Designing the Process Dec05


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Designing the Process

It’s Friday afternoon at the studio, two hours after the professors have left, and over half of the class is still reworking their projects after receiving feedback.

I hear a disgruntled sigh from one of my classmates. “How is it going?” I ask with a sympathetic smile. “Oh, fine. I’m just feeling frustrated with my design,” she says, pointing to her site model. She explains her idea and where she is getting stuck. About 10 minutes pass and our conversation covers program requirements, accessibility concerns, and upcoming lectures. She seems a little more relaxed and I go back to my desk.

As I sit down, I realize that our conversation has been more for my benefit than hers. My project has been stuck in second gear for five days. An 11-day charrette to renovate an existing small building into a place where students can get away from the hustle of college, this project was proving to be a challenge. With only a week and a half to work, our goal is to play with form, space and light, creating a user experience that meets the intention of our project. In the first 24 hours I had an overarching concept, but nearly 96 hours later I am barely any further than I was after that first day.

We all have 10,000 bad drawings in us. The sooner we get them out the better. – Walt Stanchfield

 The design process is an interesting thing. When I came to college, I foolishly assumed that design process would be taught as if there was a literal procedure – written out and passed around on the first day of studio – that would explain how to approach our projects. I was disabused of this notion quickly as we were thrust into design projects, guided mainly by the encouragement from our professors and whatever questions we were clever enough to ask. Otherwise, we were left to our own devices.

Anxiety is the handmaiden of creativity. -T.S. Eliot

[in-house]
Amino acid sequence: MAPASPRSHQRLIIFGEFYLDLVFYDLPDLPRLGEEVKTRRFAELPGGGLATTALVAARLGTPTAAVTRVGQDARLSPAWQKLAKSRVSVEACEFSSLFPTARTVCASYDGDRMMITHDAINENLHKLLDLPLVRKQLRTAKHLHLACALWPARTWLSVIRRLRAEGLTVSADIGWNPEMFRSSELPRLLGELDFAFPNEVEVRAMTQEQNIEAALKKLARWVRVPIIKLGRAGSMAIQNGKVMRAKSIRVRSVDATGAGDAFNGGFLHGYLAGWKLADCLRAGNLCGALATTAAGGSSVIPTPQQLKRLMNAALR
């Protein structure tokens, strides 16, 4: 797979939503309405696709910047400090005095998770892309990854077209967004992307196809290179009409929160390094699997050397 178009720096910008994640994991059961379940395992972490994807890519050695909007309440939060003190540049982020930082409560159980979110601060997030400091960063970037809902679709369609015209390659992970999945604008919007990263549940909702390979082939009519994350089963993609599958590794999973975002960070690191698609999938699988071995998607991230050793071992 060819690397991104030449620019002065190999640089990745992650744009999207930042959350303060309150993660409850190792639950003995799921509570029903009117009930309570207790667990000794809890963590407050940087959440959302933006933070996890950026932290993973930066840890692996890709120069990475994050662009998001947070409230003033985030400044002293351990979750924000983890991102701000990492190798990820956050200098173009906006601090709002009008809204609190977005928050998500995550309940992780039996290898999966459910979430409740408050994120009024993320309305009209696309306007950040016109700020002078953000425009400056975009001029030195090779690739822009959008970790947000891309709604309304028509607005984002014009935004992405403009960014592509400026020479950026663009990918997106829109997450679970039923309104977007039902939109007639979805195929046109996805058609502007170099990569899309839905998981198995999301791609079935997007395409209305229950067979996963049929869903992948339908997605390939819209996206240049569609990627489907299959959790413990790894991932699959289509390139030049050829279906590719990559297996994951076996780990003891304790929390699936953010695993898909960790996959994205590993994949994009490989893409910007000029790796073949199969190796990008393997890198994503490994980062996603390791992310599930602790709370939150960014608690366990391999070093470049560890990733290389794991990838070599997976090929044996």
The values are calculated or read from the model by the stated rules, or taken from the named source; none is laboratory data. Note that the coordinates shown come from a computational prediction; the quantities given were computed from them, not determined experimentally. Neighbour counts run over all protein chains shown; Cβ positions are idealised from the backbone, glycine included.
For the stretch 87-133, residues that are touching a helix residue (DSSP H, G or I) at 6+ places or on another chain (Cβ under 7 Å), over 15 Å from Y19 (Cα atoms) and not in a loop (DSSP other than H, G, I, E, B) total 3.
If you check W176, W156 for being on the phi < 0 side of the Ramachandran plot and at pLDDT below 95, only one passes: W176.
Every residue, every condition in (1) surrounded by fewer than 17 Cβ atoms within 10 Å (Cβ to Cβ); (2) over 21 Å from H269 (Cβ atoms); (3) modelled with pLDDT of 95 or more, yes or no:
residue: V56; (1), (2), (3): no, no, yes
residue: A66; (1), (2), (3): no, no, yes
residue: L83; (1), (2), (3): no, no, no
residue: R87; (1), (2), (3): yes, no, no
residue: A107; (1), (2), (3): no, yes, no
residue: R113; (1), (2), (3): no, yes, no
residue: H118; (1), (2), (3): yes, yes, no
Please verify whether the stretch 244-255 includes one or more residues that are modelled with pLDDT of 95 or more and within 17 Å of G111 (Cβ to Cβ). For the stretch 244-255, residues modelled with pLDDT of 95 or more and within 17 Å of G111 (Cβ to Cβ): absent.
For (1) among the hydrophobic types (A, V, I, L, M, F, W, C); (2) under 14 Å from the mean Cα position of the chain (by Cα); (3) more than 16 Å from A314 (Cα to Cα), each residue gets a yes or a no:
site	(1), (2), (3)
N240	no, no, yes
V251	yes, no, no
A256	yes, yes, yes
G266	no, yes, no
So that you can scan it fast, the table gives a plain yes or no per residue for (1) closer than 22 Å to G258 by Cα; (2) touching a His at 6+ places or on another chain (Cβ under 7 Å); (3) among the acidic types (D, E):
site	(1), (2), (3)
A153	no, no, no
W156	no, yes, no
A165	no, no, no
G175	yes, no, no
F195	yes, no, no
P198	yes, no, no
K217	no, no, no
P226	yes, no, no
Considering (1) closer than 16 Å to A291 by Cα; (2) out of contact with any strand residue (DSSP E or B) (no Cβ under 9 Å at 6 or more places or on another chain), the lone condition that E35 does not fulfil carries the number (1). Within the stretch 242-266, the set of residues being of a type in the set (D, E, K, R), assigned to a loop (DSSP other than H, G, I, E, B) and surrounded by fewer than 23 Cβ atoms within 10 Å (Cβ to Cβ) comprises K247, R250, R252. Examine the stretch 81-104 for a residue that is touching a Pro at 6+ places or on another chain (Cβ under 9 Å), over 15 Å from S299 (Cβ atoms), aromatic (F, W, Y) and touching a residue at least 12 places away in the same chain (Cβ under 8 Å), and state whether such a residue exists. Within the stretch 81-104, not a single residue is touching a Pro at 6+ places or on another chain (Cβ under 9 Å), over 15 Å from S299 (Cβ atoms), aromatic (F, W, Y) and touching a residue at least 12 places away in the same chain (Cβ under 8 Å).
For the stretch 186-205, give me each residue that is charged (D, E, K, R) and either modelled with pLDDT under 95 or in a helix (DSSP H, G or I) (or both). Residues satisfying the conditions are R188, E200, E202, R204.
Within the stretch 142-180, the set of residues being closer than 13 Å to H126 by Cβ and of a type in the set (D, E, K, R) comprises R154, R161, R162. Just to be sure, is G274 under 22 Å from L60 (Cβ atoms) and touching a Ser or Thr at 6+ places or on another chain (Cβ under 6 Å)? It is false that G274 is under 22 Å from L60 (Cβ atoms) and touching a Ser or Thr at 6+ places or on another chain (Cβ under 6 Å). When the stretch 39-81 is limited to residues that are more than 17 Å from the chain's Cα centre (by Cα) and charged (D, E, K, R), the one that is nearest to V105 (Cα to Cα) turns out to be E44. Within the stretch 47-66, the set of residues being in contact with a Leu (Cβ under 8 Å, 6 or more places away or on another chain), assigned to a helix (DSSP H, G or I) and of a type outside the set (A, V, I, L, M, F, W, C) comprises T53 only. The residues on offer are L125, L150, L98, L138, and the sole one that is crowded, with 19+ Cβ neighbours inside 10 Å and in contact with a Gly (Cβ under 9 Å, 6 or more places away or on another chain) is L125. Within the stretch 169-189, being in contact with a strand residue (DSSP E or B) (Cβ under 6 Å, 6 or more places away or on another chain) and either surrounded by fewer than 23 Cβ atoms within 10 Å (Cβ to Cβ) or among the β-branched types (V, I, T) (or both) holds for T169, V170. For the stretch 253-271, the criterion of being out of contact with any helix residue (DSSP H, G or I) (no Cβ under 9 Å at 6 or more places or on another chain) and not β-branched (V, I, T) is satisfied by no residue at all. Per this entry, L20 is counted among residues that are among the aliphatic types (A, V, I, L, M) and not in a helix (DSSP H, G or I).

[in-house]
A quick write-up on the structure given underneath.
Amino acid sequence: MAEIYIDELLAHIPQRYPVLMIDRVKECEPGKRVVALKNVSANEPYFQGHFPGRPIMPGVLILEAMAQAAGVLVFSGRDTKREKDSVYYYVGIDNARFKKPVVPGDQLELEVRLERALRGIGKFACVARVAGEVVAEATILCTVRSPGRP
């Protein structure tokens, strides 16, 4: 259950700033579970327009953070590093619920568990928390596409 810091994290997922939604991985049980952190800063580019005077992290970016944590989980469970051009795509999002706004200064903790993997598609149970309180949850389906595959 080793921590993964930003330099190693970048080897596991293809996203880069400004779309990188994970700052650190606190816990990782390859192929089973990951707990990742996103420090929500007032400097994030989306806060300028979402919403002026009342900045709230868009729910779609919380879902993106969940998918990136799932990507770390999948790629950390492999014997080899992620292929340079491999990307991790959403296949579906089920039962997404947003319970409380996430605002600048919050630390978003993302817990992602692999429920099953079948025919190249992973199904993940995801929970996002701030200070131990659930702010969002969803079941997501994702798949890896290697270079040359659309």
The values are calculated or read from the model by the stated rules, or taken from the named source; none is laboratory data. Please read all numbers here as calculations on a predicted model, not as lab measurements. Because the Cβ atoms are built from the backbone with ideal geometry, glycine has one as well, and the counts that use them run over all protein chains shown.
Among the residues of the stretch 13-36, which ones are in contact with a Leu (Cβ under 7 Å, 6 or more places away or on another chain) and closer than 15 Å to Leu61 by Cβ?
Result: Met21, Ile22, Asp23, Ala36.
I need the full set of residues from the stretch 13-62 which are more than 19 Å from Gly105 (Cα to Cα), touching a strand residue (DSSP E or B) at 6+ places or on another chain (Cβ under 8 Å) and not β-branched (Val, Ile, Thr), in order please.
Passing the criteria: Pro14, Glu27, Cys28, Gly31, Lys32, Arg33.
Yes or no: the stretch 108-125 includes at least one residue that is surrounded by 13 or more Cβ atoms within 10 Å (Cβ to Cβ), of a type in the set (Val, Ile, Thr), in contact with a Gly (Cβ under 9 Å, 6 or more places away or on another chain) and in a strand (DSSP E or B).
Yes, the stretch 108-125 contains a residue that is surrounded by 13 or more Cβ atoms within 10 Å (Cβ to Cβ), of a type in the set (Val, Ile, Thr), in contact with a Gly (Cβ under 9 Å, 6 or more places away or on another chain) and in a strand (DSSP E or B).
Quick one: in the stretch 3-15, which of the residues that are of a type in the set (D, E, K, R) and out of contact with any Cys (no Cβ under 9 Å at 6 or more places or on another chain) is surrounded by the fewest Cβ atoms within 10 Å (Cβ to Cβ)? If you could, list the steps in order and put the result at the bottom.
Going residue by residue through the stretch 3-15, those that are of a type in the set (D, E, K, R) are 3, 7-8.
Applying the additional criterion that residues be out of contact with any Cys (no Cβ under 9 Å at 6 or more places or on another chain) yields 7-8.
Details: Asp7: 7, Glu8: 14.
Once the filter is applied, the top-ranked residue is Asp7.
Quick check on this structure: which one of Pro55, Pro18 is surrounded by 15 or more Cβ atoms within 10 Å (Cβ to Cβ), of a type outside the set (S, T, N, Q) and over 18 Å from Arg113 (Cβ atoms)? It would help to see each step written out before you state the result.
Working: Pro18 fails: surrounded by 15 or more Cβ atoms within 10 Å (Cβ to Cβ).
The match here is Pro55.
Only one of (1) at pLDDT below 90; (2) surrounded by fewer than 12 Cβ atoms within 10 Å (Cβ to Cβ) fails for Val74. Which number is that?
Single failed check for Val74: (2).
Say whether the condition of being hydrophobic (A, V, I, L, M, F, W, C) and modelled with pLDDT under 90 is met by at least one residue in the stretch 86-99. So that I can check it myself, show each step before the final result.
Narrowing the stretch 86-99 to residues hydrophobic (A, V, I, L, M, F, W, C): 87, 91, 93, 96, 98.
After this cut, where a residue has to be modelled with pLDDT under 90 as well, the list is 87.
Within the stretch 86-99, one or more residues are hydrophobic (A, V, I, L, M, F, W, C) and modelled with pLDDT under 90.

I sat there before my sketches and models, deadlocked. Why couldn’t I see the right move? Where was its character? What did it need? I pushed and prodded it. I raised floors, shuffled rooms, made windows, blocked windows, removed doors, and juggled stairwells. I had fulfilled the requirements but felt totally let down by the solution.

This was the stage at which the professors would encourage us to experiment. Draw from a different perspective; make a model that inverts the mass and space; focus on circulation, then on entrance, then on the ceiling. These exercises are the first line of attack against ”designer’s block,” but none seemed to come to my rescue.

The creative process is a process of surrender, not control. – Julia Cameron

My intimate knowledge of every corner of the building and my frustration around its lack of harmony brought me to an inescapable conclusion. I took all my drawings, sketches and models and set them out of sight and mind. I pulled out a sheet of paper and a pencil and started writing. For four hours I wrote, drew diagrams and cartoons, and thought about the purpose of my project, all the while ignoring questions on how this might actually become a building. The next morning, two days from the due date for the project, I read over my notes and began designing anew.

On presentation day I came into studio with my new building in hand. As I pinned it up on our presentation wall and stood back to reflect, I realized it was a success. Not the building – that was a disaster. But the project taught me something important about my burgeoning design process. Frustration is a guide, a necessary sense to let us know there is still work to be done. Without that sense, I wouldn’t have pushed myself to transcend my original, uninspired design.

Every man’s work, whether it be literature, or music or pictures or architecture or anything else, is always a portrait of himself. – Samuel Butler

 Of course I only speak for myself. My peers face similar challenges, but in different ways. My reaction has less to do with a universal approach to creativity and more to do with my own skills and shortcomings. The design process is not a prescription that applies to everyone equally. It is a reaction to one’s own personality, skills and deficits. It is not a thing that can be unlocked and wielded as a tool, but something far more amorphous and elusive. It is the way we fill in our deficiencies and augment our strengths to achieve our goals. As a result, our finished work contains some of our personality within it.

Architecture is a unique discipline that requires the synthesis of an overwhelming amount of data and intentions. As first year students, we are absolute beginners. Learning to find our way through all that information to get to a point where we can begin to become directors who sculpt and harmonize  structure is the true challenge in these studios. We are not designing buildings, but designing a process by which we can understand our role in designing buildings.

Written by Shane Leaman  Arch 300 student, undergraduate
Sketches by Shane Leaman, Photos by  Vincent Huynh


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